2018 Toyota C-HR vs. 2017 Honda HR-V: Compare Cars – Small crossover utility vehicles have surged in popularity, and every carmaker is rolling out new entries. The Honda HR-V has already been popular, and yearly after it was launched, the Toyota C-HR usually maker’s riposte. It’s small brother on the immensely popular RAV4 compact crossover, just as the HR-V is an inferior sibling to your equally popular CR-V.
They’re both light-duty vehicles suitable for city and suburban use by young families or couples. But about the Honda offers optional all-wheel drive, for better traction and security on muddy athletic fields and unplowed roads. Although AWD can be found around the C-HR in Europe and Japan, Toyota says it sees little demand for doing it around the U.S., so it will be not offered.
The exaggerated styling the hands down small SUVs functions to disguise the “tall hatchback on wheels” form of most utility vehicles. The C-HR (it is known as “Coupe, High Riding”) comes with the most expressive lines of any small crossover, but we presume it works more effectively as opposed to Prius or Mirai used similar design themes. The rakish Honda uses the brand’s usual styling language—a thick chrome top bar for your grille, swept-back front light units, and strongly etched side accent lines—to supply the HR-V some pizazz. Its rear end, however, looks merely a shrunken copy of the newest Acura MDX.
2018 Toyota C-HR vs. 2017 Honda HR-V: Compare Cars
Inside the given hood, the Toyota offers merely one powertrain: a 144-horsepower 2.0-liter 4-cylinder engine paired to a new continuously variable transmission driving the leading wheels. In spite of the “utility vehicle” label, all-wheel drive isn’t available. Honda operates on the all 141-hp 1.8-liter inline-4, associated with whether continuously variable transmission or possibly a 6-speed manual. All-wheel drive is an option around the Honda, unlike the C-HR, although only with all the CVT. Neither car is quick, the Honda felt stronger in high-demand circumstances like highway merges. Both little SUVs are based on car underpinnings and handle sufficiently, although we’d give the sting to your Toyota. The C-HR has less seating position lower as opposed to Honda, which lessens the design of body roll in turns.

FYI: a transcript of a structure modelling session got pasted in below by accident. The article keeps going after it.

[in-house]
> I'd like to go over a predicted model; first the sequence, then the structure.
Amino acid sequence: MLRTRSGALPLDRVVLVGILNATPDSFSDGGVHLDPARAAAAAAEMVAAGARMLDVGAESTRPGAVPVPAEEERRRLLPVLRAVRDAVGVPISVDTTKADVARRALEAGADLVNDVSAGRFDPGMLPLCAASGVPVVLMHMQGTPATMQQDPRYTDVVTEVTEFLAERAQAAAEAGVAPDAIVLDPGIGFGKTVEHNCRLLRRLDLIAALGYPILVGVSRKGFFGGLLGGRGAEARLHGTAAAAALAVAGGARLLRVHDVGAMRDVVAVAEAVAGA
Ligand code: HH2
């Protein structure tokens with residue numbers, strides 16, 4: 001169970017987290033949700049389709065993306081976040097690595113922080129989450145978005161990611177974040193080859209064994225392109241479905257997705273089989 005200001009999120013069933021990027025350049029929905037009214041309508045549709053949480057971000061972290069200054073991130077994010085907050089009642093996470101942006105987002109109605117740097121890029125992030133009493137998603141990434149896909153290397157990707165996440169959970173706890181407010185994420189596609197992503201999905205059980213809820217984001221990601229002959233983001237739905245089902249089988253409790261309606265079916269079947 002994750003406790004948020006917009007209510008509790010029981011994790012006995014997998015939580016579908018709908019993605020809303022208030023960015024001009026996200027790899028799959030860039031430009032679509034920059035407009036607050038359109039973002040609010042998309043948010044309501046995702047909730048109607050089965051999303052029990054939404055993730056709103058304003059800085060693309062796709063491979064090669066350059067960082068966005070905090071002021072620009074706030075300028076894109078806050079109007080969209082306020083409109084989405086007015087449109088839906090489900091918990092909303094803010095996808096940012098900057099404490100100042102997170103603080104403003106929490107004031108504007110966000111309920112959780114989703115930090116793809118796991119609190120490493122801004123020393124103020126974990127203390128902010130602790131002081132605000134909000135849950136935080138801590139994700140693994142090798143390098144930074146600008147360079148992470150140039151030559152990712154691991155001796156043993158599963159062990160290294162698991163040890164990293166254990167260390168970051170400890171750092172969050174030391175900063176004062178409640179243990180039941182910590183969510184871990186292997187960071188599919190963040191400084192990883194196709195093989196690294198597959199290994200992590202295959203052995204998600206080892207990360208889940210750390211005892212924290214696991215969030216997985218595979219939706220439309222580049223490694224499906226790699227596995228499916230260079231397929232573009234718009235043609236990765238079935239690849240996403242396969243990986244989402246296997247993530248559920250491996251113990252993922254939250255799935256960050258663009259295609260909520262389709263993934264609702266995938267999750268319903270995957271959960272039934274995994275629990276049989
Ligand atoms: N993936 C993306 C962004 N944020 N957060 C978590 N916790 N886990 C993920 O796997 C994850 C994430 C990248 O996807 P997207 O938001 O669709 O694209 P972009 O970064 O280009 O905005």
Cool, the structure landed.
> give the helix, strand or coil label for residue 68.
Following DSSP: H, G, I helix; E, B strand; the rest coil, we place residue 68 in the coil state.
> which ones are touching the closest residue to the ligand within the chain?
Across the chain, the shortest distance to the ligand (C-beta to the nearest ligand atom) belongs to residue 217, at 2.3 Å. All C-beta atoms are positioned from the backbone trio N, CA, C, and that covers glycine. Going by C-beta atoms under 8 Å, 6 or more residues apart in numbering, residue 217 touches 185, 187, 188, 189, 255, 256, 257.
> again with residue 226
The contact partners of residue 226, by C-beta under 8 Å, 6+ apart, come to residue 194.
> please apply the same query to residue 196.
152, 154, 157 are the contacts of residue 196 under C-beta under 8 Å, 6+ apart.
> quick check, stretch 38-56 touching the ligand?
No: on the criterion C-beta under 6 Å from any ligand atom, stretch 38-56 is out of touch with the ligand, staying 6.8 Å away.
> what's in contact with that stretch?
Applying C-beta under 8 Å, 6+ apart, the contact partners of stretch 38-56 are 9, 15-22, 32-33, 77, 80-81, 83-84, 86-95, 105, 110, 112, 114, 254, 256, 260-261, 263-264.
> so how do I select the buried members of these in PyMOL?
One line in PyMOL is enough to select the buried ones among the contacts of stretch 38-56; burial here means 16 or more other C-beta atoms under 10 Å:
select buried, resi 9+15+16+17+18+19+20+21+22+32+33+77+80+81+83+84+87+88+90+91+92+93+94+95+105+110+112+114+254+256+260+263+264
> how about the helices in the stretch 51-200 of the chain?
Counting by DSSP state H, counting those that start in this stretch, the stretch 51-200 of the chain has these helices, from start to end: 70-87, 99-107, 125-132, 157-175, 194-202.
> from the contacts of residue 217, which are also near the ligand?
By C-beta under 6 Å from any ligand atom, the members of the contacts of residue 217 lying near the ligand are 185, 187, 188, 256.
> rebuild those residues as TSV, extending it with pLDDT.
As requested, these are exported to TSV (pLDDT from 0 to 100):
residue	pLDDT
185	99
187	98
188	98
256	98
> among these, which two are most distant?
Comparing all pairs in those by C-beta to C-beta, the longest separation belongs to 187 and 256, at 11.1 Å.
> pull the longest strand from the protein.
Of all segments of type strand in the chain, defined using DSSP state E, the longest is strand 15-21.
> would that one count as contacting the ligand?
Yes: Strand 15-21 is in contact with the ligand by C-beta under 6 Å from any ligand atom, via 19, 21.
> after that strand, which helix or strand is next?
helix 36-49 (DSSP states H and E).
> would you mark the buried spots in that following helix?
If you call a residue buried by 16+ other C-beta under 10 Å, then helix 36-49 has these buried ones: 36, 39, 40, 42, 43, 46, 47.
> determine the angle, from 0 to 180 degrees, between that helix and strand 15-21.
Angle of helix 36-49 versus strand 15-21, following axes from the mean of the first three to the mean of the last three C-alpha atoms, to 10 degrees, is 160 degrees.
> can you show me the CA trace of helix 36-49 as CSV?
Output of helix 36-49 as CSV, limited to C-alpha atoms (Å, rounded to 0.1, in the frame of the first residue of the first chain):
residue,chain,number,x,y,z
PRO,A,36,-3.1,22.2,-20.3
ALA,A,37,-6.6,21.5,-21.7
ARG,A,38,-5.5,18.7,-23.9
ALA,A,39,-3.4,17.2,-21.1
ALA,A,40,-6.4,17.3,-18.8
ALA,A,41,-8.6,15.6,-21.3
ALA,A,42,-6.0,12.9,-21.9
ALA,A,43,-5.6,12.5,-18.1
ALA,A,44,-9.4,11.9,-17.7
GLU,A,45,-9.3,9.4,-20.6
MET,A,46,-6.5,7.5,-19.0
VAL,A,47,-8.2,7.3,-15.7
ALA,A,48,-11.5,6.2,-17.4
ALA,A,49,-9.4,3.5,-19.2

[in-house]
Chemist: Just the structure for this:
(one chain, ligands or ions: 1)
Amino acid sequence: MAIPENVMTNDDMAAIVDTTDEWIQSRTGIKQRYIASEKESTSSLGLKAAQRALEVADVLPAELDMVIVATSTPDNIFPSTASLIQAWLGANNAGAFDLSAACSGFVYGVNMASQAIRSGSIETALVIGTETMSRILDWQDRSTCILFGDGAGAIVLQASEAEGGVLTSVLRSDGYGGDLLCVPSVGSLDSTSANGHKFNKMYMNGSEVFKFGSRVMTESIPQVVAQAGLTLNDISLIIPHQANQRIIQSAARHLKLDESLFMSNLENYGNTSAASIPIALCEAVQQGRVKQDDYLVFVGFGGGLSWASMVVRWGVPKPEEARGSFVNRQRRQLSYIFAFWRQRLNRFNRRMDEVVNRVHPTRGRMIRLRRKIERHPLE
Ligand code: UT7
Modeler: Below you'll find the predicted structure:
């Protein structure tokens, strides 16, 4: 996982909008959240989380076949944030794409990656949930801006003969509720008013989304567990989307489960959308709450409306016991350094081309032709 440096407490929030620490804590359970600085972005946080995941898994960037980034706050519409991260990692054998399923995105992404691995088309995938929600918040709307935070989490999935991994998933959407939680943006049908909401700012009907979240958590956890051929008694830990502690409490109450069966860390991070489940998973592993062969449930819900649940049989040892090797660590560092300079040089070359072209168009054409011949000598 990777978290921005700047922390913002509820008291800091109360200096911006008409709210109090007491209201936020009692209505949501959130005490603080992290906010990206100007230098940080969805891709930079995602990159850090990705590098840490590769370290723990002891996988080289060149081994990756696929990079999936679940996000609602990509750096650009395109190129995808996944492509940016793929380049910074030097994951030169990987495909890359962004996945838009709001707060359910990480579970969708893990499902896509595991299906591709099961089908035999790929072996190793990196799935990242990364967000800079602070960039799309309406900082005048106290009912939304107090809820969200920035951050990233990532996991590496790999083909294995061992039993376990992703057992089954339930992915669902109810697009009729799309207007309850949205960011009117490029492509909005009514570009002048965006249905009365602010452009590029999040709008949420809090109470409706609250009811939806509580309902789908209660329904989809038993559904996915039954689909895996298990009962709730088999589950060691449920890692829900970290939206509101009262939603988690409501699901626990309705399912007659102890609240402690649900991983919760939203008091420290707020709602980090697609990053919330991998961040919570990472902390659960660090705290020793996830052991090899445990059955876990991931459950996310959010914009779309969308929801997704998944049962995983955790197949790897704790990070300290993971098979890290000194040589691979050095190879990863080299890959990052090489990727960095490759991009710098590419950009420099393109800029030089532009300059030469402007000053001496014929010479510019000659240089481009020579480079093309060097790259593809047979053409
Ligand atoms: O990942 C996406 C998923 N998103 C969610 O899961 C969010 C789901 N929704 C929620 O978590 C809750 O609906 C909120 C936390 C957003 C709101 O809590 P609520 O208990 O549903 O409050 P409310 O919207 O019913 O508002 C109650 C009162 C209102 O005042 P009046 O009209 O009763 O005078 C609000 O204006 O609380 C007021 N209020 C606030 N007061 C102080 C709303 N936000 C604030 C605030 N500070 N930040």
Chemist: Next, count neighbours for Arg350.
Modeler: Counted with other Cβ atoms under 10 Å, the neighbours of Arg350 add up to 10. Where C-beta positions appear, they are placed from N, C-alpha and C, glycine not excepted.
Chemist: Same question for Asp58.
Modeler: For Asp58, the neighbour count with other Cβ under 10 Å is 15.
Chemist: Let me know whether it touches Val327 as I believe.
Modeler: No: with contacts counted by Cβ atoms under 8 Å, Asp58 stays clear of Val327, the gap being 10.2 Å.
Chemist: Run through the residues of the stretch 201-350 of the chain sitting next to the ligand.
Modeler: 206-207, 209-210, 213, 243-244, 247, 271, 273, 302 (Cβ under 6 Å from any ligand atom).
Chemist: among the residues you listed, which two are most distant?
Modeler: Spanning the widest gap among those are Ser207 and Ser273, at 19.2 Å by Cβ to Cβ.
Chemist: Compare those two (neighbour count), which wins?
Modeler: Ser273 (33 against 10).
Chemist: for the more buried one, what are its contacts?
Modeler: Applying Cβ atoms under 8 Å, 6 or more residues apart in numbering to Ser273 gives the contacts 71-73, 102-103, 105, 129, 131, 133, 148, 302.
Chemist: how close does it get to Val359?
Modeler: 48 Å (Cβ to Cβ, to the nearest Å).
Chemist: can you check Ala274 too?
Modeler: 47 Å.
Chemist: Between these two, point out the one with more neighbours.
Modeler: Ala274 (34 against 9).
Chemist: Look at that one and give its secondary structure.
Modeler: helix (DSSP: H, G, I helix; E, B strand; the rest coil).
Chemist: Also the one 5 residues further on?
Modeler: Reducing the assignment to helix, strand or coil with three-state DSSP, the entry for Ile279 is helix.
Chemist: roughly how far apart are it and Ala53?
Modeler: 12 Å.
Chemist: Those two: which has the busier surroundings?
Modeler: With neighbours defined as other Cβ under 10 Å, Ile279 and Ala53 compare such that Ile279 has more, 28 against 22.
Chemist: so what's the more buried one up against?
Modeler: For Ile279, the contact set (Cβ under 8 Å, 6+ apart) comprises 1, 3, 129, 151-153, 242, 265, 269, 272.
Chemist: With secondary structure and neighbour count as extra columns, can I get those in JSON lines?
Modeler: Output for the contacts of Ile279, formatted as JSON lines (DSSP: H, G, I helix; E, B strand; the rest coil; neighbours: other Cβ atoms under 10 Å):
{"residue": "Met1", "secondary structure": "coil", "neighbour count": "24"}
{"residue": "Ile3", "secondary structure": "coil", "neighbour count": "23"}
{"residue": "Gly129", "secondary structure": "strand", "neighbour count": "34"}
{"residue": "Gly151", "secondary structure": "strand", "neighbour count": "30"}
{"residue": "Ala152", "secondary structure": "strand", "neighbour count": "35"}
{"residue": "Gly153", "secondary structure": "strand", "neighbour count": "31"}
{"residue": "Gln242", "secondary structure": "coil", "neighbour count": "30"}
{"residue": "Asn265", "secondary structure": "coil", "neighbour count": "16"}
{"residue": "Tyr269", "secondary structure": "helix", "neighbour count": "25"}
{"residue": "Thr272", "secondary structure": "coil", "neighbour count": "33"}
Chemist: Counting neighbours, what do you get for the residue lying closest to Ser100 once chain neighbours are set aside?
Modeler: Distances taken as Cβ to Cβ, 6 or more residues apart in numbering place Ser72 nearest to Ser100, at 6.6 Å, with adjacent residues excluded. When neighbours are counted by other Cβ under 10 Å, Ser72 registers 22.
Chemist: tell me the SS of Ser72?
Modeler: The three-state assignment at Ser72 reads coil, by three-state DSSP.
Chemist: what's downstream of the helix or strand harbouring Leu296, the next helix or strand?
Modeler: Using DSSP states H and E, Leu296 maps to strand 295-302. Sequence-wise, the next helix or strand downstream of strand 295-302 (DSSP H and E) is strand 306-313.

Are both capacious for small SUVs, though the Honda is the roomiest vehicle around the segment. A corner seat on the HR-V accommodates two adults with generous head and leg room, plus two up front. The HR-V also provides Honda’s unique “Magic Seat,” which folds and flips the second-row seat just like a lawn chair to choose from multiple storage and seating configurations. The Toyota is roomier than it looks inside, both front and rear, and rear seat folds flat, the load floor is surprisingly high, at mid-thigh. Both vehicles are pleasingly quiet and refined inside on good road surfaces; drivers and passengers will see most travel peaceful in either one.
The Toyota C-HR hasn’t yet been rated either by its NHTSA or IIHS, the Honda HR-V received mixed ratings for your HR-V on the newest menu of crash tests.
The Toyota comes standard with 10 airbags together with a suite of active-safety features, but visibility out there back isn’t very good, because rising window line, steeply raked rear window, and incredibly thick roof pillars. The HR-V gives the rearview camera and tire pressure monitors as standard, and Honda’s nifty sideview LaneWatch camera may well be an option. But blind-spot monitors and adaptive cruise control likely won’t arrive around the HR-V for only a couple of model years.
With a base price around $20,000, all Honda HR-V models include power windows, locks, and mirrors; a rearview camera; a tiling and telescoping tyre with audio controls; and Bluetooth with audio streaming. Higher trim levels add a huge touchscreen interface; the LaneWatch camera; keyless ignition; paddle shifters; satellite radio; navigation; leather; a sunroof; and heated front seats.
The C-HR comes well-equipped in either from the two trim levels, and will be offering merely single option, but numerous dealer customization accessories. It starts at roughly $23,500, potentially steep for this purpose highly polarizing design that appears smaller than it is.
Both Toyota C-HR and therefore the Honda HR-V are comfy and accomplished small utility vehicles. With missing safety scores and fuel-economy ratings that weren’t finalized, our rating for your C-HR is sort of incomplete. But hitherto, Honda wins on interior room, slightly better performance, and value for money. Given both companies’reputations for high-quality cars, however, we expect buyers of either car to finish up relatively satisfied.
Our comparison between 2018 Toyota C-HR vs. 2017 Honda HR-V